Encapsulated Cinema: Like a Dragon, Clash, and Bedevilled

Sometimes it’s good just to kick back, relax, and watch some seriously blood-soaked cinema from overseas. This week’s offerings come from Japan, Vietnam, and South Korea, respectively, and each thoroughly satisfied my unquenchable thirst for cinematic blood-letting. In fact, these three films should be consumed in the way they’re presented here. Unless, of course, you just enjoy getting the brutal stuff out of the way first. If that’s the case, then, by all means, begin with “Bedevilled”. However, don’t blame me if you don’t feel up to watching anything else for a while. You’ve been warned.

Like a Dragon
Who better to handle the cinematic presentation of Sega’s 2005 fight-oriented Playstation 2 epic “Yakuza” than the very man who helped redefine the genre. Cult God Takashi Miike skillfully — and faithfully — captures the title’s cartoony violence and high-energy fight sequences with the 2007 actioner “Like a Dragon”. When compared to the director’s other yakuza-flavored efforts, this particular excursion may seem a bit tame, especially in terms of over-the-top bloodshed. To be fair, “Yakuza” wasn’t a gratuitously violent video game to begin with, giving our favorite maverick Japanese director no reason whatsoever to amp up the amount of on-screen carnage. Screenwriter Seiji Togawa, meanwhile, has done a remarkable job of condensing a 20-plus hour storyline — which involves a former yakuza’s return to his old stomping ground — into a frenzied 110 minute action flick that actually makes sense to those who haven’t played the game. Like any solid adaptation, Miike’s lively endeavor competently stands on its own two legs. It may not be as much fun as playing “Yakuza”, but it’s certainly worth every penny I spent on it.

Clash (aka Bay Rong)
Director Le Thanh Son’s action-packed crime caper “Clash” isn’t founded on original concepts or inspired ideas, but that doesn’t stop this well-executed outing from providing its audience with plenty of high-quality visceral thrills. The film — which reunites a large portion of the cast and crew from “The Rebel” — follows a sexy prostitute-turned-lethal assassin as she attempts to rescue her daughter from the clutches of her villainous employer. Although the final fight features a particularly jarring twist, “Clash” ultimately follows the extremely well-worth path constructed by countless filmmakers with like-minded ambitions. What saves the film from wallowing in the waters of formula and cliche are the several satisfying set pieces sprinkled throughout the picture. Not only is Thanh Van Ngo a very capable action hero, she’s also incredibly easy on the eyes, a fact which makes the wonkier moments seem oddly plausible. Is it as enjoyable and entertaining as “The Rebel”? Not quite, but that shouldn’t prevent interested parties for embarking on this gritty, fast-paced adventure. Expect an American remake any day now.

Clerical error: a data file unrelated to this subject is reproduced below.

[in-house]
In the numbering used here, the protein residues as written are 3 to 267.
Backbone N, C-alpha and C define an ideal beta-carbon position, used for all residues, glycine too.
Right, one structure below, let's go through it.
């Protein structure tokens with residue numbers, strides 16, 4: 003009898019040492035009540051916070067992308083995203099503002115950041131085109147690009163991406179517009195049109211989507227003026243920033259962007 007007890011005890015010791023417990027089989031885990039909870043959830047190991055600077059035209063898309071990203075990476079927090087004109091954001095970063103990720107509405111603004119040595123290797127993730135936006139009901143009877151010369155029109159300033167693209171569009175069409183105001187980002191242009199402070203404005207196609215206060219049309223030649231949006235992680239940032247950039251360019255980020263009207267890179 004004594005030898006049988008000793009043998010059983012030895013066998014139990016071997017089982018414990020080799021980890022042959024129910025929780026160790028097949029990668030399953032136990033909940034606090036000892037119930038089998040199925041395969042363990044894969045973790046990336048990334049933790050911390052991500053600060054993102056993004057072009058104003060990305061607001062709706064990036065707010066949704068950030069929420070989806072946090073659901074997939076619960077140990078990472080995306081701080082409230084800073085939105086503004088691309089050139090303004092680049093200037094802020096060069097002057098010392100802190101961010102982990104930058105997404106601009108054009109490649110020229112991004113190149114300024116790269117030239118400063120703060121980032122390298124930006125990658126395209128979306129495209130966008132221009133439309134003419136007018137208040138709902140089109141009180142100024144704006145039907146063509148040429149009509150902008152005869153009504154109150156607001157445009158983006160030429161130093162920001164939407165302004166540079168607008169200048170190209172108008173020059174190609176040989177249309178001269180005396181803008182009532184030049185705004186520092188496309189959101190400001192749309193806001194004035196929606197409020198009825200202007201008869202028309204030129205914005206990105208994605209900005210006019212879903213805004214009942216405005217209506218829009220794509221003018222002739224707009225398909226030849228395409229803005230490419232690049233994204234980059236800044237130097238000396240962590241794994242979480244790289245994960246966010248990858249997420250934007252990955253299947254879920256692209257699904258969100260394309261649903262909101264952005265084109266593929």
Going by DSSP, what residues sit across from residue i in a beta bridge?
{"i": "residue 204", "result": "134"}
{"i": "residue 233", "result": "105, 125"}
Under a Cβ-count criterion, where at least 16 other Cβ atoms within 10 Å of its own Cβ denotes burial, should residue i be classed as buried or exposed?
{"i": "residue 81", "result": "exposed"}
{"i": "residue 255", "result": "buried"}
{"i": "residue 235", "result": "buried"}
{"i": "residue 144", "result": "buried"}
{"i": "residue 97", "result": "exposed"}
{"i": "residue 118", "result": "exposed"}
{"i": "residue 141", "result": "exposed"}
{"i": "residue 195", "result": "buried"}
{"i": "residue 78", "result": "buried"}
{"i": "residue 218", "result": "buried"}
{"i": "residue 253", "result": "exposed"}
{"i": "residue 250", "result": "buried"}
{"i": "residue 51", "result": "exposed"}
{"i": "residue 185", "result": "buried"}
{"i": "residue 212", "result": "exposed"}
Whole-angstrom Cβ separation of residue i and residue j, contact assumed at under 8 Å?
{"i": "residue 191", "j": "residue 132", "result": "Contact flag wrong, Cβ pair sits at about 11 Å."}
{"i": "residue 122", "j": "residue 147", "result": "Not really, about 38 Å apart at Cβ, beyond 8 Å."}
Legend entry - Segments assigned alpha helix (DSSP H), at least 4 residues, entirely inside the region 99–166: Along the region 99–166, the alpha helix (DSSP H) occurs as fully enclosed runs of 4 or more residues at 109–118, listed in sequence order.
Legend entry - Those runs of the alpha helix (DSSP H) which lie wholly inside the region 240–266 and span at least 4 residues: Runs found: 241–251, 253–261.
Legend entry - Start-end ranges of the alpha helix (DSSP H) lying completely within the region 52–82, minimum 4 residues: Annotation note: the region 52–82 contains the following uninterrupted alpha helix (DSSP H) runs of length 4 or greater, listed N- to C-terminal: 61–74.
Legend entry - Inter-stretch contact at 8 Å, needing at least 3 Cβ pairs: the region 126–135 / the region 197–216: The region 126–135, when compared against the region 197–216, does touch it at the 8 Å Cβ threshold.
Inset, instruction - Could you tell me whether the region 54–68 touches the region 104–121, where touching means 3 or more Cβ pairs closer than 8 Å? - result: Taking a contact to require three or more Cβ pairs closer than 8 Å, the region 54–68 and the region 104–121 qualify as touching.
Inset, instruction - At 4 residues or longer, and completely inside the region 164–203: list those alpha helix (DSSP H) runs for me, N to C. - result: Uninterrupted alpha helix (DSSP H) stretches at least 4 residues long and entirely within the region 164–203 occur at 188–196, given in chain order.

Bedevilled
It’s tough to review a movie that’s as cruel and sadistic as “Bedevilled”. If I say that I enjoyed the picture, then someone is going to claim that I probably keep scores of scantily-clad women locked up in my basement. It’s a fair assessment, given the graphic nature of the story. However, truth be told, I can’t say that I really enjoyed “Bedevilled”. Is it well-written, superbly acted, and masterfully directed? Very much so. Director Jang Cheol-so has crafted one hell of a revenge flick, one that takes its time developing its slim selection of characters and delicately advancing its plot. That having been said, the unpleasant nature of the plot — a city girl pays a visit to her dysfunctional country cousin, a woman who is routinely abused by everyone around her — doesn’t exactly scream out of repeat viewings. The film is perpetually dark, bleak, and uncompromising, culminating in the sort of finale that’s both deeply satisfying yet uncomfortably brutal. Recommending the film is difficult, as I doubt many will have to patience to stick with it until the bitter end. Horror fans that require a little depth with their deviancy should have nothing to complain about.